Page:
Natural Resources Wales has decided to close part of a South Wales attraction later this year to carry out large-scale felling of trees affected by larch disease; a highly infectious and untreatable disease.
Forest Drive, a 7-mile road through Cwmcarn Forest, will close on Sunday 2 November 2014 to allow felling teams to safely prepare, fell and remove over 50,000 tonnes of timber from 162 hectares (400 acres) of infected forestry.
The rest of the attraction however, including a visitor centre, play areas, footpaths and mountain bike trails, will remain open.
The difficult decision to close the drive has been taken as the road will be used throughout the works by large forestry machinery and to transport felled trees out of the forest.
No decision has been made about the future of Forest Drive yet as it will require considerable investment to repair following the felling and haulage operations.
However, Natural Resources Wales is keen to reopen it if feasible and staff will be exploring all possible funding options to do this.
The felling of infected trees is accepted as the best way to slow the spread of the disease and the guidance from Welsh Government in their new strategy to tackle the problem.
The work at Cwmcarn Forest is part of a wider effort by Natural Resources Wales to tackle larch disease in Wales.
The organisation has so far felled more than 2 million trees on the Welsh Government woodland estate to slow down the spread of the disease.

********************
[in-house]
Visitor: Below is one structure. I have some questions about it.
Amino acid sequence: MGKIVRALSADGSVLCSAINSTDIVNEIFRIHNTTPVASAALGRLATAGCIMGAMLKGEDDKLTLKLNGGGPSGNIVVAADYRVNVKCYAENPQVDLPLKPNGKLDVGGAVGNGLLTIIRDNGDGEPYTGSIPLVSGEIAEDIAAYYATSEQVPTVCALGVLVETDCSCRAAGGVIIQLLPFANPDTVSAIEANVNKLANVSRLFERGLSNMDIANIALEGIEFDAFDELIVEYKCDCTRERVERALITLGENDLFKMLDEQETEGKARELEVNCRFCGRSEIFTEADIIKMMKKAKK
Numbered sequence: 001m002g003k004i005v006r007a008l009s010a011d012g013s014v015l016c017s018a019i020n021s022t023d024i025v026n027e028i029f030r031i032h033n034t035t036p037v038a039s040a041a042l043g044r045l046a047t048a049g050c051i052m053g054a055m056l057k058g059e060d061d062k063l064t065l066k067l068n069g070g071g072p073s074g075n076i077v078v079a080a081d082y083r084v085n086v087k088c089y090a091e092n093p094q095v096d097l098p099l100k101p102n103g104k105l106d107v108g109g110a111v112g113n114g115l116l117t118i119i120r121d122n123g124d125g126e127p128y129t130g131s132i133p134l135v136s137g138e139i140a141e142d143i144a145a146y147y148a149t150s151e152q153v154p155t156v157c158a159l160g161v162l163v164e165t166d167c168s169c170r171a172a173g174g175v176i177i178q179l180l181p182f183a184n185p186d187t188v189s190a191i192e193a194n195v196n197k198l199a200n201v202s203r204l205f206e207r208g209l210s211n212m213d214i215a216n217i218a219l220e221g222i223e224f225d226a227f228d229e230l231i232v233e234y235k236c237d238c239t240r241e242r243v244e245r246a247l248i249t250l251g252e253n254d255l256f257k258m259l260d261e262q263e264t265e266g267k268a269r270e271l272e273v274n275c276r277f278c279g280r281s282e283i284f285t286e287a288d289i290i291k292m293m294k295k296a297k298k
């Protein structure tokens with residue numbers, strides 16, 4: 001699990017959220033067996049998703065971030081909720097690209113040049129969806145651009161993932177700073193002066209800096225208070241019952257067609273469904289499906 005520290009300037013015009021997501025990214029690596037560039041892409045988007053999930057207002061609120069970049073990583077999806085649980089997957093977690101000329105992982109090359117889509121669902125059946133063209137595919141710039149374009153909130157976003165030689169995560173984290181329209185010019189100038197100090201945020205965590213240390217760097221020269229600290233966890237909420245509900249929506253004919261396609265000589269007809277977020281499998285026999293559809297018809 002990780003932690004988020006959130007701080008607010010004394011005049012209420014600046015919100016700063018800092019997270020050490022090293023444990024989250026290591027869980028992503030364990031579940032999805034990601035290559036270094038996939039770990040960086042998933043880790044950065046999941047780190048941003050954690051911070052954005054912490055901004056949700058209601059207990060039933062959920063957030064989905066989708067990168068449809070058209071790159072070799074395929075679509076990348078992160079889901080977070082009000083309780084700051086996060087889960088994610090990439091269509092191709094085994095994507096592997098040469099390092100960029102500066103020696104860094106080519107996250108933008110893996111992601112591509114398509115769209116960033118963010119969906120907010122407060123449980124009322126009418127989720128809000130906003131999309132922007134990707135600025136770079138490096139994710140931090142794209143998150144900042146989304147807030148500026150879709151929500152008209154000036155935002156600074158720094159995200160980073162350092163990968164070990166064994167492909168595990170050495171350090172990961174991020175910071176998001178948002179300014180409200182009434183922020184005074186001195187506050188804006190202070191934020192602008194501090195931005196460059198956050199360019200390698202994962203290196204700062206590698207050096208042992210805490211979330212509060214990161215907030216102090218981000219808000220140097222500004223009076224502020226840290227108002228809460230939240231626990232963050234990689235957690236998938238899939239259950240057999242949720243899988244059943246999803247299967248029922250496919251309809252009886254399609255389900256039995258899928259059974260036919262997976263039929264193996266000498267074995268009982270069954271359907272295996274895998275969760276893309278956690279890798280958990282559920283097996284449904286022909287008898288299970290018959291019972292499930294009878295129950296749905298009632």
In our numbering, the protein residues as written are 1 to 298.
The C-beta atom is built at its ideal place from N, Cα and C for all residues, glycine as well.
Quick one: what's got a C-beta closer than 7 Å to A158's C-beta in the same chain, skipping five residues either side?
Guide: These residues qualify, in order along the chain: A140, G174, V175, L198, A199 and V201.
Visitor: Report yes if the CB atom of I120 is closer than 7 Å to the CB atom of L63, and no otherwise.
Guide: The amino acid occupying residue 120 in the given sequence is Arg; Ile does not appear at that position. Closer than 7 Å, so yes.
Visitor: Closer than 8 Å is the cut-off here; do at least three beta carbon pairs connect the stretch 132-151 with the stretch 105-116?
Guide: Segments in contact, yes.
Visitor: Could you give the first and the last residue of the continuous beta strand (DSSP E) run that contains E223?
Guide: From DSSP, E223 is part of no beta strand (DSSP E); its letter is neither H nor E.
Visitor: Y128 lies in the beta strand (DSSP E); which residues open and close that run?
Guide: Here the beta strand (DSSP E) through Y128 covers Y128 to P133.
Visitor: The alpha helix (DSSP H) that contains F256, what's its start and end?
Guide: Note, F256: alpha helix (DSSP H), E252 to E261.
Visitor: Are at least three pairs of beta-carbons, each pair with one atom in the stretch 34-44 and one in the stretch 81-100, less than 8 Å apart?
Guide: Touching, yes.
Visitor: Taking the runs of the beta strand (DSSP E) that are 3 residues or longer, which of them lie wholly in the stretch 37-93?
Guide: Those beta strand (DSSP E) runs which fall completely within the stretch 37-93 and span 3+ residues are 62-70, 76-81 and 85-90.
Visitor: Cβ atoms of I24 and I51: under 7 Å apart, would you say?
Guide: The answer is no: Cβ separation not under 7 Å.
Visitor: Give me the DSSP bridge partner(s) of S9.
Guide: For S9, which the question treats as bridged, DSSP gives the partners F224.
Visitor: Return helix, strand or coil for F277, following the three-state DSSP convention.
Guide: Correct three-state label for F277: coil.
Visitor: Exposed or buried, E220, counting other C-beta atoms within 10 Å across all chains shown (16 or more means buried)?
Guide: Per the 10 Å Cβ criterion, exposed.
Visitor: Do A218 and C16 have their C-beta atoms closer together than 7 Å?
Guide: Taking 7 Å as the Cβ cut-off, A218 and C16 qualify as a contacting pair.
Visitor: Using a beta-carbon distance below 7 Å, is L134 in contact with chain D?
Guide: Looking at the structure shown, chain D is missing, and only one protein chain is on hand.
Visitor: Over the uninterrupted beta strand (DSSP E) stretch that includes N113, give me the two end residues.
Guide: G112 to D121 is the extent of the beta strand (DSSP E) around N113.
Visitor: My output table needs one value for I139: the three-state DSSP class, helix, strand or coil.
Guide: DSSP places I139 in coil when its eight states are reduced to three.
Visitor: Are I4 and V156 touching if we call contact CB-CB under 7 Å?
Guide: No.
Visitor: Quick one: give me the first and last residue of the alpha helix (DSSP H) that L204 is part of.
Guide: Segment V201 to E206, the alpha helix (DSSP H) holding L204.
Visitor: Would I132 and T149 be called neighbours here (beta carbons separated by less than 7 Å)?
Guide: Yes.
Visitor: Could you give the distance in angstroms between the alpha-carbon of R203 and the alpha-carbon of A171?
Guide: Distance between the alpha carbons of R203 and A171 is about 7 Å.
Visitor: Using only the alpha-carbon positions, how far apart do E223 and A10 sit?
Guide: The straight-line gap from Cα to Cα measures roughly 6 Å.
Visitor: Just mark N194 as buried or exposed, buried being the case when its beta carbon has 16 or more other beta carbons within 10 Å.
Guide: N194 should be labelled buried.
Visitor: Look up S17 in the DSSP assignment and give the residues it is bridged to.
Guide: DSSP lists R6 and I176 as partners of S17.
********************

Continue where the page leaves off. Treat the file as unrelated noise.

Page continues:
In the last 18 months, of the 3.4 million trees Natural Resources Wales has planted, 750,000 of these are to replace felled larch with different, more diverse species.
Peter Cloke, from Natural Resources Wales, said:
“Closing Forest Drive was a very difficult decision to make but was necessary to make sure the work to prevent further spread of this infectious tree disease is carried out safely.
“Although the drive itself will be closed, Cwmcarn Forest, the footpaths, mountain bike trails and its visitor centre are still open for business and is a fantastic place to visit for a day out.
“The replanting work after we have felled the trees will involve more diverse species and native trees like oak, birch and rowan. This will make it a better place to visit and more resilient to disease and the impacts of climate change in the future.”